When we travel, we discover a new cultural version of the map of the land of Tenderness. Each country, each culture has its own conception of love, its own art of loving.
What is love? How to love? Is there an art of loving?
On my first trip abroad, I discovered Erich Fromm’s book, The art of loving, in a nice library bar. It was placed at the top of a pile of books located next to the dance floor. Between us, it was love at first sight. I broke the rules, and I discreetly slipped this magnificent essay in my canvas bag. Without allowing other people to discover this book, it will at least have the merit of introducing this article.
This book offers a psychological and philosophical approach to love. It allows us to open up to the notion of love and its different forms of expression. Also, in a more personal way, it confronts us with our way of loving, and gives us the keys to understanding the origin of our behavior and our sentimental choices.
The art of loving
The first part attempts to define the notion of love and the different forms that are related to it: brotherly love, motherly and fatherly love, erotic love, self-love, love of God. It is an interesting introduction that allows a holistic approach to love, but also a more personal entry into the subject because each of the dimensions mentioned echoes our intimacy.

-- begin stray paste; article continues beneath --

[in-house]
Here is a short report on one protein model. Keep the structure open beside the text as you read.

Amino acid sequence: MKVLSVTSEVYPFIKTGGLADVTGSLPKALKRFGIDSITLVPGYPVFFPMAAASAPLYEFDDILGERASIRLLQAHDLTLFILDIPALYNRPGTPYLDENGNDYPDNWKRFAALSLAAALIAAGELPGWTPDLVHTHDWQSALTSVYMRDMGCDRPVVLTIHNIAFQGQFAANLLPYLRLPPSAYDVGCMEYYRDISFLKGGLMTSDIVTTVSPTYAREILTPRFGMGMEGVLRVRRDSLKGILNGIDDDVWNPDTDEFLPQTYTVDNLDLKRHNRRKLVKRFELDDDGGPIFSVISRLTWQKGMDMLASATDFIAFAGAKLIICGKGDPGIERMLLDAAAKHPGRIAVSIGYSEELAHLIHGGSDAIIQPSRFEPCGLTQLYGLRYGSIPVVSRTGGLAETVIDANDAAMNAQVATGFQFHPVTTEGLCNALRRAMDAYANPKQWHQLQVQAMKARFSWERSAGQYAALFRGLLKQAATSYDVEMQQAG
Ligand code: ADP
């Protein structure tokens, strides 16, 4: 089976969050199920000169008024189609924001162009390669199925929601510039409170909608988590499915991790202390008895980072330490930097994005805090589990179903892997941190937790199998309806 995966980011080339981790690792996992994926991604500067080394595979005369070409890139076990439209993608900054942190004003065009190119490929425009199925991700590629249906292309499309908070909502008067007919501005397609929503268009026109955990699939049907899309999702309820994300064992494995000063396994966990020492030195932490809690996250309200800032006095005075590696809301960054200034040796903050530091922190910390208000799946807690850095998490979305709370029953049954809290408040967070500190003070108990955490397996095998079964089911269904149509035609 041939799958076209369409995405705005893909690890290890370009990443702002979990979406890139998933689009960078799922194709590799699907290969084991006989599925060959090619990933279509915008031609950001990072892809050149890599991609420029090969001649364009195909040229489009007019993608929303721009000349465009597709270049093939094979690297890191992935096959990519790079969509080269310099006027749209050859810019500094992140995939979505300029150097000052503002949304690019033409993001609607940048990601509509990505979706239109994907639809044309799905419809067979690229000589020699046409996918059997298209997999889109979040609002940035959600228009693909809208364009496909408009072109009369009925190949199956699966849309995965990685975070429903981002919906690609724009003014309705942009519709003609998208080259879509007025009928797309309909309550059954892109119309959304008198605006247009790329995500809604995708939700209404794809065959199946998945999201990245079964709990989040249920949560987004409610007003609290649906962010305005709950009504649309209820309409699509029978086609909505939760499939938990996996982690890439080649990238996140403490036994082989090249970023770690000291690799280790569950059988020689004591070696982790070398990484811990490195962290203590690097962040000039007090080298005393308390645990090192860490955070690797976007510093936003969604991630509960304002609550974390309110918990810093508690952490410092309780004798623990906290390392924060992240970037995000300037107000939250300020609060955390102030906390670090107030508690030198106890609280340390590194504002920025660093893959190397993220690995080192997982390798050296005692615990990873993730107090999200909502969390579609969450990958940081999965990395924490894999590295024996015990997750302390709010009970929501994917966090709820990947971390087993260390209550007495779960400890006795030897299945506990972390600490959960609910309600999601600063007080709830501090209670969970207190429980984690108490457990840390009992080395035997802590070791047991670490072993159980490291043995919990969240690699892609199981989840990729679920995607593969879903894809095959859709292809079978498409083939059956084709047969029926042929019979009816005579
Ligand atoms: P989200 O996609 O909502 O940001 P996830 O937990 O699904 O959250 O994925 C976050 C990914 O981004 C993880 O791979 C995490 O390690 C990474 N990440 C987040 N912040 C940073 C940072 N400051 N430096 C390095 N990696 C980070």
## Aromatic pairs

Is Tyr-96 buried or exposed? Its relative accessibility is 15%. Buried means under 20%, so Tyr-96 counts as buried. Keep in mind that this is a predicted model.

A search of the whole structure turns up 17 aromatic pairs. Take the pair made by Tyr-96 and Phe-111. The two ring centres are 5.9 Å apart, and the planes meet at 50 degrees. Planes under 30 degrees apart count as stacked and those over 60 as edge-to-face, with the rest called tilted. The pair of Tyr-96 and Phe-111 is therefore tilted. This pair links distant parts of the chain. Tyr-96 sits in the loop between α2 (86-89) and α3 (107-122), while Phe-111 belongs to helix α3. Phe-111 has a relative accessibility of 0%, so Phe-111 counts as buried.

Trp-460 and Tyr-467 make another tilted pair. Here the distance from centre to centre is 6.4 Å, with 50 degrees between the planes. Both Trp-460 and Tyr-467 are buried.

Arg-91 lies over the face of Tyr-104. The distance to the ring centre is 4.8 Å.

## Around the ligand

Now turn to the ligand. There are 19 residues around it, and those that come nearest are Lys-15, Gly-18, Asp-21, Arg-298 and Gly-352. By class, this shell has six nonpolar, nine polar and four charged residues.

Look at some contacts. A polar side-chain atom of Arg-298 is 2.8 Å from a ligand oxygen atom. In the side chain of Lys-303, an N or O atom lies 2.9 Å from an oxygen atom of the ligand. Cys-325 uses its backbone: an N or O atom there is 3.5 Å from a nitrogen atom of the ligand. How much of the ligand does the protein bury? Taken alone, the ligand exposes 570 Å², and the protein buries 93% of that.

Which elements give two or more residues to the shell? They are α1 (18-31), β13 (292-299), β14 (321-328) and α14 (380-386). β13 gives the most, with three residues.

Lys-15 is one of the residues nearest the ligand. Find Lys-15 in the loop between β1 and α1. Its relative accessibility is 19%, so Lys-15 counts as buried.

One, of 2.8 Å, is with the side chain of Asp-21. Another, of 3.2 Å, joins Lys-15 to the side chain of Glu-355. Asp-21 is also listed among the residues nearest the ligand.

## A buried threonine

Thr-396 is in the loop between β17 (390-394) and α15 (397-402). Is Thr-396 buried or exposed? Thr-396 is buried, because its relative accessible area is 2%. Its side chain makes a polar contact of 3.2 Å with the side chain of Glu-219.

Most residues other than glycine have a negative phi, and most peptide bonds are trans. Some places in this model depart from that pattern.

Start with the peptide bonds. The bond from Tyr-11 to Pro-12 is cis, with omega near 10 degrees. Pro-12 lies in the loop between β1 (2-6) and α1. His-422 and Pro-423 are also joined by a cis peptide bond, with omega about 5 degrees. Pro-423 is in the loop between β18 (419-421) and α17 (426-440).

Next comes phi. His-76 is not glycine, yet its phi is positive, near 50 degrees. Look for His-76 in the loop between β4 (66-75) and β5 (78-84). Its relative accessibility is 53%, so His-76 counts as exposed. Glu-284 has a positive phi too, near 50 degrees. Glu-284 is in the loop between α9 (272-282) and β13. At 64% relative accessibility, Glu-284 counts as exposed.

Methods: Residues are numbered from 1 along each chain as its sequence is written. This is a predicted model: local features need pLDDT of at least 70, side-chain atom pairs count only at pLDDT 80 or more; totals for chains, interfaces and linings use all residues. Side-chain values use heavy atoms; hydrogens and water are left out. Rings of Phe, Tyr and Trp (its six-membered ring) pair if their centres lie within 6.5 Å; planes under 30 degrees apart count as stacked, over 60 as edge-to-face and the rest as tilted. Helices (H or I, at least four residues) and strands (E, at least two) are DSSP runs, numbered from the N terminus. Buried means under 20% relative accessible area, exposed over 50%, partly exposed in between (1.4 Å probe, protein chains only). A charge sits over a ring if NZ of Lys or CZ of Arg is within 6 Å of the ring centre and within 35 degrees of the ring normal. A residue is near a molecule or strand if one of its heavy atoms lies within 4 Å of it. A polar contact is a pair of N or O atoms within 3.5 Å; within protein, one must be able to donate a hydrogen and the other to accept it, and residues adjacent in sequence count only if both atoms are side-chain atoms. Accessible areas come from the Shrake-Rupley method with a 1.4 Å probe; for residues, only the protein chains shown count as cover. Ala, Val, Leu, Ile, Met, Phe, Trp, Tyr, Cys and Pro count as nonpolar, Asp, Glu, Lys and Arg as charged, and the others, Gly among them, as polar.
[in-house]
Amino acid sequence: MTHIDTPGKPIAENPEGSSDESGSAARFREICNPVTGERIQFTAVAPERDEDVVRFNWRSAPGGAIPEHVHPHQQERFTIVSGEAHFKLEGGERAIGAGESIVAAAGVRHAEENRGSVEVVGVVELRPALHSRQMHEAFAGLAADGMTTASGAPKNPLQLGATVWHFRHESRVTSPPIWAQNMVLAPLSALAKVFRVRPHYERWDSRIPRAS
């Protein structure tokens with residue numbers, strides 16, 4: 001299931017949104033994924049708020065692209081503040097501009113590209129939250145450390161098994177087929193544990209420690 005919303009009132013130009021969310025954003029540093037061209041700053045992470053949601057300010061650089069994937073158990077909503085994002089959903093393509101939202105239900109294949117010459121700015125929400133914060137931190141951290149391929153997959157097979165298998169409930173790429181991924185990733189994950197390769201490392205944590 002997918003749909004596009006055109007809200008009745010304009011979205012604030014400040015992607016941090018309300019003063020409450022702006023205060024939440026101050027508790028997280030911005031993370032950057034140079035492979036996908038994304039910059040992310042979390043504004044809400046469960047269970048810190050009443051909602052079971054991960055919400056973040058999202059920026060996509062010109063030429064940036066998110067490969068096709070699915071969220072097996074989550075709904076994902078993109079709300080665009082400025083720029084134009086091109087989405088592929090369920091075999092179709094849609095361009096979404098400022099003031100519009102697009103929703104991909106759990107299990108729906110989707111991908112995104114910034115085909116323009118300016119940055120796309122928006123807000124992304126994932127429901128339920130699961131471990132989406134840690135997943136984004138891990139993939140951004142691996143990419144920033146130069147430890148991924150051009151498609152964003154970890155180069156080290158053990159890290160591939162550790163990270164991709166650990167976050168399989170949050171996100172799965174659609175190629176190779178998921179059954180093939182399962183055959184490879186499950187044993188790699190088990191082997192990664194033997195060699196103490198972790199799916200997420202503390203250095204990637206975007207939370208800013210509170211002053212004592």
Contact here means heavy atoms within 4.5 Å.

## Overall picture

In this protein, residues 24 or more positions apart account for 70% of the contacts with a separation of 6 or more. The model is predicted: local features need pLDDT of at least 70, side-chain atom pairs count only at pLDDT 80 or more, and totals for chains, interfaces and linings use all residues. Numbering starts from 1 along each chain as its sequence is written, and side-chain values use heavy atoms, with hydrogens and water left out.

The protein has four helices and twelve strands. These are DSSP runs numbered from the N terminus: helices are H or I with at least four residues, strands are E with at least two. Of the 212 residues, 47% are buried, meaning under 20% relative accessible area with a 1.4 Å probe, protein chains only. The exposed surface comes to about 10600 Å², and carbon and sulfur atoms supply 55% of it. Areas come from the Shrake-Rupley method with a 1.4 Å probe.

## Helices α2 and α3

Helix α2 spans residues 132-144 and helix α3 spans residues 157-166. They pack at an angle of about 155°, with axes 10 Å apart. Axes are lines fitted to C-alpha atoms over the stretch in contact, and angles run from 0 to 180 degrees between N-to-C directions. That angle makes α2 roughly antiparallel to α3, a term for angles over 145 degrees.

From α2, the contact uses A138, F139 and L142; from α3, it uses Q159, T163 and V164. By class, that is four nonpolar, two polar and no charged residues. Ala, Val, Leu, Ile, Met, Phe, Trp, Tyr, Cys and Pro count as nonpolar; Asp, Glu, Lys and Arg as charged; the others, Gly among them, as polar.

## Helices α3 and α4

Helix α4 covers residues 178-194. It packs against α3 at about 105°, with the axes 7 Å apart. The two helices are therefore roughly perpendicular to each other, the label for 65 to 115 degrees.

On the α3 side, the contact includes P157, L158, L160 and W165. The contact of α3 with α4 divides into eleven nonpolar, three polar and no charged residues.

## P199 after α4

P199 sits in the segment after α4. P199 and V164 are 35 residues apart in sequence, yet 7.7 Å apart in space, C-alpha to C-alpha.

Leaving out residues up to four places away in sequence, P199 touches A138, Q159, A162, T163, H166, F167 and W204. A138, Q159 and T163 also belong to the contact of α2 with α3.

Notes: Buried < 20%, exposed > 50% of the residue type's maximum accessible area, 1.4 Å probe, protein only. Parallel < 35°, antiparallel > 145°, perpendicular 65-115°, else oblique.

The second part of this essay question our way of loving, integrating it into the society in which we live. A consumerist society, from which our sentimental life is no exception. Love is no longer understood as a state of being, but as a state of having.
As a result, most of us are in a passive, egotistical way of loving: wanting to be loved, meeting the right person, falling in love. However, the author reminds us that love is not a passive experience. Rather, it is an active state that expresses and develops from within.
What does it mean to approach love as a state of having?
To approach love as a state of having is to accentuate its neurotic forms:
Among them, unconditional love, idolatrous love, sentimental love, projective love.
There are those who love themselves through the other, those who forget themselves in the love of the other.
Also those who love platonically, by proxy, failing to be able to experience it in matter.
There are those who project their imperfections and faults onto others to avoid facing their interiority, or for fear of opening up to a relationship that is outside of their reference system.
There are those who project their desires and cravings because they are not able to achieve wholeness on their own.
There are those who are a bit of all that.
But then, how can we approach the experience of love?
According to Erich Fromm, three essential principles define true love:
Love is expressed by the faculty of loving, not by the object of love.
It’s about giving to others, unselfishly.
Love is a state of being and not of having.
To love therefore begins by making an alliance with oneself.
Then, it is not about looking for a partner to fill a need, but simply to be a partner, a life companion.
Finally, the experience is real when the person we love appreciates, shares and reflects our way of loving.
« Love isn’t something natural. Rather it requires discipline, concentration, patience, faith, and the overcoming of narcissism. It isn’t a feeling, it is a practice. » Erich Fromm
What about in practice?
By Camille Perrusson